Source: PBS Newshour
July 3, 2012
By: Margaret Warner
Mexico’s President-Elect: Legalization Should Be Part of DrugStrategy
MEXICO CITY | The president-elect of Mexico, Enrique Pena Nieto, said Tuesday Mexico should have a debate about legalizing and regulating the sale of drugs here, an approach advocated by some other Latin American leaders to take marijuana sale profits out of the hands of the drug cartels.
While insisting he was not in favor of legalizing drugs himself, he said, “I’m in favor of opening a new debate in the strategy in the way we fight drug trafficking. It is quite clear that after several years of this fight against drug trafficking, we have more drug consumption, drug use and drug trafficking. That means we are not moving in the right direction. Things are not working.”
“I’m not saying we should legalize,” he repeated. “But we should debate in Congress, in the hemisphere and especially the U.S. should participate in this broad debate.”
“So let the debate begin, but you’re not taking a position yet?” I asked.
“That’s right,” he said.
The Obama administration has responded warily to such talk from its southern neighbors. Yet two weeks ago, the president of Uruguay sent just such a proposal to his legislature — for the government to effectively become the sole seller of marijuana — saying “the traditional [interdiction] approach hasn’t worked” and “someone has to be the first” to try it.
On other points, though, Pena Nieto sent reassuring messages to Washington. He said his plans to refocus the drug war to reduce violence suffered by the Mexican people will not mean abandoning the pursuit of drug kingpins shipping vast quantities of drugs to the United States.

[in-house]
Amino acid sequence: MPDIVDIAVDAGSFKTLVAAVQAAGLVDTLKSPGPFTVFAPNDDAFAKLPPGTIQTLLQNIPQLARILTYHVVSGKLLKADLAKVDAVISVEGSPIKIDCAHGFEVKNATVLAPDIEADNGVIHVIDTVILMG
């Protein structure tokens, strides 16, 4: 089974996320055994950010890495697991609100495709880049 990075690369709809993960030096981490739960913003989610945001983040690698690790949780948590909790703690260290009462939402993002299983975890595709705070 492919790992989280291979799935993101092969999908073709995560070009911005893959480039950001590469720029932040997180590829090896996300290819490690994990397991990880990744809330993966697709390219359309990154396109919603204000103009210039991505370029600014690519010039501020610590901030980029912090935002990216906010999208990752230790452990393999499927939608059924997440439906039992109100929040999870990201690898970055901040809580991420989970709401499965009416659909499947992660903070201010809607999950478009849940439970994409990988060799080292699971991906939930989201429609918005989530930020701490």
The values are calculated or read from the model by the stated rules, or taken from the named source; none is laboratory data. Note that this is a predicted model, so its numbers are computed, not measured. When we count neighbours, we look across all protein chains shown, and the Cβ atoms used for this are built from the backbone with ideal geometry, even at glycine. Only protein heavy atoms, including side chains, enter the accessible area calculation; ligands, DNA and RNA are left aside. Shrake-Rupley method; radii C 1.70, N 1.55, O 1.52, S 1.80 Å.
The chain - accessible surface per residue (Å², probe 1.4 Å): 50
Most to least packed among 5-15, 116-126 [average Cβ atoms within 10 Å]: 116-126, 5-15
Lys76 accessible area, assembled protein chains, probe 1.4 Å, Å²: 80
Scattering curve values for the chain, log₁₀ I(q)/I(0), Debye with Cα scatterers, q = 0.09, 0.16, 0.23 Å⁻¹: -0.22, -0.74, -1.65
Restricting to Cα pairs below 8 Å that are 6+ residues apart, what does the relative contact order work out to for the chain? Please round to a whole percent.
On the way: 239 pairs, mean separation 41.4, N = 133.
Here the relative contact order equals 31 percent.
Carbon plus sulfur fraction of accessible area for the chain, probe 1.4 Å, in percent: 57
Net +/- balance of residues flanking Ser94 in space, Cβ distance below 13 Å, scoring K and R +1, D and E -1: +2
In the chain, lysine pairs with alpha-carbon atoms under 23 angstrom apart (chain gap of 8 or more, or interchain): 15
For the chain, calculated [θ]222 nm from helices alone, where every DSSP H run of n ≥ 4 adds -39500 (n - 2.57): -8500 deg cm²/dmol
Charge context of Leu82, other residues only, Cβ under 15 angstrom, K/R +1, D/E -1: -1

Two weeks ago, at a House hearing, Rep. James Sensenbrenner, R-Wis., accused Pena Nieto of advocating “a reversion” to the old policies of “turning a blind eye to the cartels” as long as they weren’t perpetrating the grisly violence.
Pena Nieto jumped at the chance to correct the record, saying, “I know there is a concern around this issue, in terms of assuming this adjustment sold mean not going after drug cartels involved in drug trafficking. No, absolutely not.”
While saying he wants to intensify cooperation with the U.S. government on many fronts, he sent one strong zinger Washington’s way. The issue:
the Obama administration’s failure to do anything major to stop the flood of U.S.-made assault weapons that have wreaked such deadly havoc in Mexico. “We have been insisting on getting the U.S. more involved in fighting arms control. Unfortunately, it has had no impact.”
It’s a message current Mexican President Felipe Calderon has been harping on. It seems clear President Obama is going to hear it from Mexico’s new president as well.